Wednesday, July 9th, 2014

Oliver Heldens x Becky Hill – Gecko (Overdrive)

UK No. 1 straight outta the Netsky School of Naming


Thomas Inskeep: The ’90s house revival in the UK has clearly reached epidemic proportions, because boilerplate stuff like this is now going straight in at #1. British record labels continue their allergy to instrumental tracks and insist on tacking a tacky vocal onto this track, which would be much better without it. And the track itself is no great shakes, like a pale Xerox of Duke Dumont.

Scott Mildenhall: What happened to trusty old “ft.”? This might be the first number one to opt for the more economical “x”, but what it denotes is nothing new. It’s the age-old way of turning your instrumental club hit into a radio hit: whack a vocal on it. Barely any make it to the chart without one these days — “Animals” being the untouchable exception that proves the rule — and they can make or break a song with seemingly minimal effort. As is often the case, the original “Gecko” sounds empty in light of a topline. Becky Hill is almost leonine for the verses before jabbing and prodding out every word of the chorus alongside the beat, and at a length of two minutes and 45 seconds — perhaps the optimal length for such an effort — it hits like a hit should, in and out to enhance the thrill. If only that vocal were pitched-up, it could go even further.

Jer Fairall: Version 1.0 of “Gecko” was a heady, pulsating house track, here reconfigured with a competent-enough Adele wannabe who sings of hitting overdrive while pulling focus from the original’s sense of momentum. Retaining the clatter at the front of the track while relieving it of its main point of contrast, the whole thing ends up feeling a bit claustrophobic — the opposite of what either participant seems to want to communicate.

Patrick St. Michel: More like a chameleon, because it’s blending a little too much into that Disclosure-led sound. 

Daniel Montesinos-Donaghy: Becky Hill was one of the people behind the romantic house balladry of Wilkinson’s “Afterglow”. She’s jumped on Heldens’ instrumental and given more of the same, albeit faster. You’ve heard this song before, you’ve heard these sentiments before, you’ve tapped your foot while rolling your eyes before.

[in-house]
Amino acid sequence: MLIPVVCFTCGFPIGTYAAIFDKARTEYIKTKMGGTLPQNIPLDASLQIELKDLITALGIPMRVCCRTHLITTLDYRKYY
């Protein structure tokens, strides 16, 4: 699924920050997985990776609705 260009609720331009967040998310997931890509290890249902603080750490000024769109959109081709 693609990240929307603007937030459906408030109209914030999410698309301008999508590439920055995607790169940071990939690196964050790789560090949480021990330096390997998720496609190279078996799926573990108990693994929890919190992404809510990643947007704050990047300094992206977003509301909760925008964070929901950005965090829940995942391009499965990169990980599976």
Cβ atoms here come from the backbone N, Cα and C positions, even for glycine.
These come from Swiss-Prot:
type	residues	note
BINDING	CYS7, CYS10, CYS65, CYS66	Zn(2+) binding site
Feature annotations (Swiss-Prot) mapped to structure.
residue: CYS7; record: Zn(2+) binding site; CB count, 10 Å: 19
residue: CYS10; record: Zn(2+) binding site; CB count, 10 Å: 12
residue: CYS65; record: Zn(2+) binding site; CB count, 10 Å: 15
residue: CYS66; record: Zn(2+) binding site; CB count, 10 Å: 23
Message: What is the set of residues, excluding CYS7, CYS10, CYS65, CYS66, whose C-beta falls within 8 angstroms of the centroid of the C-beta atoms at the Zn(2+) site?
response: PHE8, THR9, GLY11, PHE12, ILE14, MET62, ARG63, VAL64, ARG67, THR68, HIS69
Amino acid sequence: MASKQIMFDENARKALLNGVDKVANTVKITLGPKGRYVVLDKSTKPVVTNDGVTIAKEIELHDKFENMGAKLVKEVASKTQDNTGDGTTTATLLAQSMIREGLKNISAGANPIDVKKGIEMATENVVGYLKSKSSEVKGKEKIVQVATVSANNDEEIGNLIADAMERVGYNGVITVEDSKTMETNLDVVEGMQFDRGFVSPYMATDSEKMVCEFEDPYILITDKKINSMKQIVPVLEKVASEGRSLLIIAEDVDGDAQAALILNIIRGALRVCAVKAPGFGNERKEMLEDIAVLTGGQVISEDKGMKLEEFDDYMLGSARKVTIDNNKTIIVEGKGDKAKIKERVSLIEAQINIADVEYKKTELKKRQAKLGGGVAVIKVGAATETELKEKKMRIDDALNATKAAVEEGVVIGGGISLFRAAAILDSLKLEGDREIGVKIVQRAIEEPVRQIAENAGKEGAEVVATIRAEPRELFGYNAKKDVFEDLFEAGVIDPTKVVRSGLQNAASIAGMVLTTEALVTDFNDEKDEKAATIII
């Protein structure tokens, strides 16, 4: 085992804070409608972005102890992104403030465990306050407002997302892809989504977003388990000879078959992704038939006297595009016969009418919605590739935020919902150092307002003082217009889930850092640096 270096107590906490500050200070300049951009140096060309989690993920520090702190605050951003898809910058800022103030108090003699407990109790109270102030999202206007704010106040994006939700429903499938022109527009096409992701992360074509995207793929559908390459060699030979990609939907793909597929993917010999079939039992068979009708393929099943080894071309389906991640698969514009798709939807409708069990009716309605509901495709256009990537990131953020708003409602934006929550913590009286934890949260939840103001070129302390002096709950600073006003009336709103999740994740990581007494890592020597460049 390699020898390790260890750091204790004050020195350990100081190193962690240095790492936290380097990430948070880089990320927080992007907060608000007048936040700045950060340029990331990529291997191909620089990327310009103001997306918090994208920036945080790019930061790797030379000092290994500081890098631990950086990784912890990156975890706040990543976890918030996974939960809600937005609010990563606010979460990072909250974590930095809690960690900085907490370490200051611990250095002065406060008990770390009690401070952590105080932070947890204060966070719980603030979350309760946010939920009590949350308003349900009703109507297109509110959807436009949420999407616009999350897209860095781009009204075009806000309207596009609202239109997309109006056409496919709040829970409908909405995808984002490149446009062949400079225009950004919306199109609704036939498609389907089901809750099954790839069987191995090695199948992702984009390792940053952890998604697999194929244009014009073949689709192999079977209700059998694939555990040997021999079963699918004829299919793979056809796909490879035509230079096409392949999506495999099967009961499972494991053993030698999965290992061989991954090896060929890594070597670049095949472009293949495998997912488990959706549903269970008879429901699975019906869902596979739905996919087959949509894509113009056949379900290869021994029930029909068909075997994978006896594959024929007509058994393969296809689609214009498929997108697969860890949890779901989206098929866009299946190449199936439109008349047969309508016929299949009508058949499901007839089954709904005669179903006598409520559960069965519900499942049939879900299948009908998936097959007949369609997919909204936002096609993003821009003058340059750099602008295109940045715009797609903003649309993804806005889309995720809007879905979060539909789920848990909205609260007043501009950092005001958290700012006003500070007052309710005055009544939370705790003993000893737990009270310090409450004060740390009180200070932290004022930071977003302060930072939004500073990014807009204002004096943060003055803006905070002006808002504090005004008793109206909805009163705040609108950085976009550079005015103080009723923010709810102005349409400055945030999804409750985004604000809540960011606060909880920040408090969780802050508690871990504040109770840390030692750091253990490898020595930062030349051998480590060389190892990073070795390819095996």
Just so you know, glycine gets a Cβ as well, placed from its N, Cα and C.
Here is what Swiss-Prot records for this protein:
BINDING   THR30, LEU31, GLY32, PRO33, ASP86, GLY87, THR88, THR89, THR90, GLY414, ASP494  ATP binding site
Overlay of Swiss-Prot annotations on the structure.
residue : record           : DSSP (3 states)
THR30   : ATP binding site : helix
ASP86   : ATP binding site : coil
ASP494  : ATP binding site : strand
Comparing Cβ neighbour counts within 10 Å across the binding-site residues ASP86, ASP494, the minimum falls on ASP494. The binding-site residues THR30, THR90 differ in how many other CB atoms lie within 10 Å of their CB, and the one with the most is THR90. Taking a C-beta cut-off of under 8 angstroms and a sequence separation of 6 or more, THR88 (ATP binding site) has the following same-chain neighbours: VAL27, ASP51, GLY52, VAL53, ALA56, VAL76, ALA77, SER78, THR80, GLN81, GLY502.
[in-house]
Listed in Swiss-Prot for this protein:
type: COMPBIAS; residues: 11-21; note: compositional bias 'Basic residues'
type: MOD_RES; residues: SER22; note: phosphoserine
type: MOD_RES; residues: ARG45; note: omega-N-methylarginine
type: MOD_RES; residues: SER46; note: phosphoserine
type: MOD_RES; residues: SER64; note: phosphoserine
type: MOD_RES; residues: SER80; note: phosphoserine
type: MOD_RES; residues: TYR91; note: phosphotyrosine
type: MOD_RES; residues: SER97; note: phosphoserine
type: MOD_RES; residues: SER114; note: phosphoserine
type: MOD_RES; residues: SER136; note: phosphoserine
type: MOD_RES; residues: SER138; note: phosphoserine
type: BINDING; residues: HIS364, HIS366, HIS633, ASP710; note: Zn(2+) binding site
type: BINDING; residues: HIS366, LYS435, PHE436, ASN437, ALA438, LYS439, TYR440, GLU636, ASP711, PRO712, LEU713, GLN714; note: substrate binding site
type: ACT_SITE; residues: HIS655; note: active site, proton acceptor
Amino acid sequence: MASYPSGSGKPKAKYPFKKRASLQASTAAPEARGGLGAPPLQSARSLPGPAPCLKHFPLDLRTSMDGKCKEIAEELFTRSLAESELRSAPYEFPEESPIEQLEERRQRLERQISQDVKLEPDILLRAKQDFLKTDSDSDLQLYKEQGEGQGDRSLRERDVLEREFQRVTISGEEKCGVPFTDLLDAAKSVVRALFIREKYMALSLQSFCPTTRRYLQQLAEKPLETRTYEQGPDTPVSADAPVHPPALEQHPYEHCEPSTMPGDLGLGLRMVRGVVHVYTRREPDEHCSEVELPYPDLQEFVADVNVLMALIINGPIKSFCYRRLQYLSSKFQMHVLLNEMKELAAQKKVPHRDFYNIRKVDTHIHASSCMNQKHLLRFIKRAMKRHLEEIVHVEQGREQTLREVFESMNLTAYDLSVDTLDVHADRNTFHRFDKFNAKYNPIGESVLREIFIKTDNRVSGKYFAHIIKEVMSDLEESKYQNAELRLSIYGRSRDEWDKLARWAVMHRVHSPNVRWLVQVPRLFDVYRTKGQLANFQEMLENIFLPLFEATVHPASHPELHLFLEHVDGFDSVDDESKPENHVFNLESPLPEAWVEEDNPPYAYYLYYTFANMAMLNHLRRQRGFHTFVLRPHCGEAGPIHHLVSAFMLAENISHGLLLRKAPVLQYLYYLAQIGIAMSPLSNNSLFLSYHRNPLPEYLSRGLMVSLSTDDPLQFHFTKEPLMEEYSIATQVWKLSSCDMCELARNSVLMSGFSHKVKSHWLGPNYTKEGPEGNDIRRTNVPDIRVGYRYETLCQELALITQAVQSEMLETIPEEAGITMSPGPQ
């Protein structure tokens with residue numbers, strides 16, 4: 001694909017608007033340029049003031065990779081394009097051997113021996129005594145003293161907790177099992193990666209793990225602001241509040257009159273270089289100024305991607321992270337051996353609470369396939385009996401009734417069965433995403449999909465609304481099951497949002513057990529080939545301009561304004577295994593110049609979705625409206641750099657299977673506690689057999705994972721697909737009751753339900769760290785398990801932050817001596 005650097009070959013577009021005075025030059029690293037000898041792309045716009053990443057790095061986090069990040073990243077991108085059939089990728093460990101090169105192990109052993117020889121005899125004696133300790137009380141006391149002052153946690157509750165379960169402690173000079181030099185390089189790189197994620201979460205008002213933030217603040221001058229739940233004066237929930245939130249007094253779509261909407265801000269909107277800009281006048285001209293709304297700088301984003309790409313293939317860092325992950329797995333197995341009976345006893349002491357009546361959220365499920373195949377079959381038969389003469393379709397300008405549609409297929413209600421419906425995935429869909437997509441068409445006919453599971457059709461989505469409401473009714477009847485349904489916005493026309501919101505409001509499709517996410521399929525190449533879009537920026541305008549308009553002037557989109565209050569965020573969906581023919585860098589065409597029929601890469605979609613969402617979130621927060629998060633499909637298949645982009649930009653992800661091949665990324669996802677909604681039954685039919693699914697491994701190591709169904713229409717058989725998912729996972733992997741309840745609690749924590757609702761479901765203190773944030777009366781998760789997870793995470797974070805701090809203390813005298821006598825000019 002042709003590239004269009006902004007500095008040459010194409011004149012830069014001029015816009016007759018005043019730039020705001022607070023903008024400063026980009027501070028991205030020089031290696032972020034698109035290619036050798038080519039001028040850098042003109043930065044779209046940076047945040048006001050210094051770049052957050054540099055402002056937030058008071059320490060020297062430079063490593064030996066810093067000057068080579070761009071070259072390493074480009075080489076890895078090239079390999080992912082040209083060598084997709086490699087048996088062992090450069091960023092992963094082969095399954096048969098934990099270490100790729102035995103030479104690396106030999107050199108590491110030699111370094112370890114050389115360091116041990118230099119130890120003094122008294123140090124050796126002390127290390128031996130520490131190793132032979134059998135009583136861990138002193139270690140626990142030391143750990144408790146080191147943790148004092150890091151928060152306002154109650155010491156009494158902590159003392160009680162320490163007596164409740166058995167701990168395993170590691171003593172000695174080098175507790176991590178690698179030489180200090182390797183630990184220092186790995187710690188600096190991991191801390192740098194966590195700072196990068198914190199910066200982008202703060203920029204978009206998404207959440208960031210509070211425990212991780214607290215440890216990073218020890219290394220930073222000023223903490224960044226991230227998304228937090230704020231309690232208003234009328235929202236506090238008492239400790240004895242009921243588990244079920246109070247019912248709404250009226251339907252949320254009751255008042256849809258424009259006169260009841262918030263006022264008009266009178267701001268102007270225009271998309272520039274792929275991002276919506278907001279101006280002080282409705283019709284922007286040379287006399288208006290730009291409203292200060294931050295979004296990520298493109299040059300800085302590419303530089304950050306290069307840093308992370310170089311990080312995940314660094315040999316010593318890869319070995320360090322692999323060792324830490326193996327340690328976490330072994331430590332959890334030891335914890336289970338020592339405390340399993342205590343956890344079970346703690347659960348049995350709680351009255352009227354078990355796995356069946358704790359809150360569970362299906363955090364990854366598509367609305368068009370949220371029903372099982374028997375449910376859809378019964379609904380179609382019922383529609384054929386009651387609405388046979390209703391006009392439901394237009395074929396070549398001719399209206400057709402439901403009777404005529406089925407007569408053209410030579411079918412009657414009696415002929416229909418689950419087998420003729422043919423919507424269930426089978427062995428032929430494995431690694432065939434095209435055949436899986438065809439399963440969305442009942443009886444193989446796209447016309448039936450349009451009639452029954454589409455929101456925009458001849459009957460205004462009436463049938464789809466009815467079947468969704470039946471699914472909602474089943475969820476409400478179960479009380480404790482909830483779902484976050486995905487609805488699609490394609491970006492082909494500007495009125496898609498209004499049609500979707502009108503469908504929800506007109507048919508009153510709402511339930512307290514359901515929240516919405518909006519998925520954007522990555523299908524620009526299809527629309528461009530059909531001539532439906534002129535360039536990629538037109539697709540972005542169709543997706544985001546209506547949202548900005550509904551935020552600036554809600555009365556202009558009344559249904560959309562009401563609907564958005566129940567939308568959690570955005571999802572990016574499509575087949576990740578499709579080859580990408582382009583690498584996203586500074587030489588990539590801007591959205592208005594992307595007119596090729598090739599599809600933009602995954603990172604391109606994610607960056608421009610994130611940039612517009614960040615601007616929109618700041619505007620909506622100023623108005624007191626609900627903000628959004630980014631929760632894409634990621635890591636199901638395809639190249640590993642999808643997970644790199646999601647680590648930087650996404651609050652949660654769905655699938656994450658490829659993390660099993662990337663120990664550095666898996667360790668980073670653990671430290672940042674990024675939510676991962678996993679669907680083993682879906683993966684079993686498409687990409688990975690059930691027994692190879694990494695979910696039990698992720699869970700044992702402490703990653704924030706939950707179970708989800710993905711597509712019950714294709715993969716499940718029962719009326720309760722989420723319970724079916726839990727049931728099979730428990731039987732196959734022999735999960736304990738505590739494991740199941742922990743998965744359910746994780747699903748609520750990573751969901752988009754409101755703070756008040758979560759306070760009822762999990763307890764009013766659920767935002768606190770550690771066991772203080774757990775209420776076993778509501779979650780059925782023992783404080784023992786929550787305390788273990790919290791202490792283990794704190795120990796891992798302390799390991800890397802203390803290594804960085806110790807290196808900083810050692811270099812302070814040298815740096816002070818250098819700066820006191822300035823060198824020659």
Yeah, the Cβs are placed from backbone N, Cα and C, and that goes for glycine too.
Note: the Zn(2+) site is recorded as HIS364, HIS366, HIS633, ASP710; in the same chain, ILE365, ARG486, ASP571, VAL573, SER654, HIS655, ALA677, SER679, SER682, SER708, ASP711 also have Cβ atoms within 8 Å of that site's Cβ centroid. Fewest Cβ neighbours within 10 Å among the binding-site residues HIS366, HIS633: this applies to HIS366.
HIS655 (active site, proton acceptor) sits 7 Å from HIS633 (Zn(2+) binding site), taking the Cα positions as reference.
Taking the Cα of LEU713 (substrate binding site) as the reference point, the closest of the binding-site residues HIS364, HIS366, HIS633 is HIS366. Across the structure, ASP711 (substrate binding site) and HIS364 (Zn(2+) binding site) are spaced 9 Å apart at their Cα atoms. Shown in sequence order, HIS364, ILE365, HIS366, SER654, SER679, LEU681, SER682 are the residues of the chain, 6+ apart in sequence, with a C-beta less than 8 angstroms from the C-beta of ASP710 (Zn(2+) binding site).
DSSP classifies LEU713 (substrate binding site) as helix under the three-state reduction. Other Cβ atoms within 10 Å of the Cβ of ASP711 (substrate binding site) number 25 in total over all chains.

Brad Shoup: Some downward pitchshifting, cos why not; here, it’s swished from left to right like stale mouthwash. If only Hill were as testy as that knocking bassline, impatient and palpable.

Alfred Soto: The drum loop has the appropriate density, and Hill understands overdrive. Harder and less melodic than Gorgon City’s nuevo house experiments, it’s ideal for summer dancing.

Crystal Leww: Becky Hill was a contestant on The Voice UK back in 2012, and her vocal coach was Jessie J. The thought of Becky Hill learning loads from Jessie J is absurd, as “Overdrive” is infinitely better than anything Jessie J has ever created. More likely, Becky Hill learned loads from her Rudimental vocalist pals, a group that includes MNEK (who co-wrote this track), Ella Eyre and Sinead Harnett, and learned to adapt her power vocals to fill the gaps that this beat left. Heldens’ vocal was already an instant classic, a dance floor staple for 2014 early on, but it’s Hill who makes “Overdrive” appropriate for all settings: the sound of summer obnoxiously throwing itself in your face, from the dance floors to the rooftop jaunts to the sidewalk struts to the highway driving.

Anthony Easton: Becky Hill’s singer-songwriter aesthetic on the UK Voice was anonymous enough that it could fit anywhere. Who knew that it would end up in the middle of a hyperboshy, bassed-up slice of Euro-disco? It’s a middle-ground good time, but that might be enough.

Katherine St Asaph: I’ve always been fascinated by the politics of guest vocalists: singer-songwriters with a succession of PR emails for increasingly synthy singles; ascendant session singers; The Voice contestants. The latter seems particularly ironic in retrospect — no one’s here for The Voice so much as The Thwack.

Will Adams: Was this mixed on laptop speakers? The sub bass overwhelms the entire mix, and while there’s plenty to like here, from Becky Hill’s syncopated lines to that infectious knocking synth, I’m not so sure I’d like to hear this on anything bigger than a car stereo.

Hazel Robinson: I keep thinking this is going to do the Swedish House Mafia thing and, while I vaguely resent it for working my psychology over so successfully, make me tear up halfway through some utterly cynical rave horn breakdown — but nope. It vaguely annoys me at the start, becomes blandly tolerable about a minute in, carries on without note. I’m confused about how it’s so far up the chart here, unless there’s a remix that puts about eighty thousand donks on it that I’m not aware of.

Megan Harrington: This is a great time to refresh your drink or get in line for the bathroom. “Gecko” promises to keep your feet moving, but if you’re not offended by the ultra generic EDM thump, it’s time to call a cab. 

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2 Responses to “Oliver Heldens x Becky Hill – Gecko (Overdrive)”

  1. Just heard this for the first time today and BLIMEY it doesn’t half hark back to ‘Ride On Time’ – the plastic piano and the vocal ‘waaargh’s especially.

  2. Balls I posted this on the wrong thread – meant for the Duke Dumont song! I wondered why no-one had mentioned it and Oh.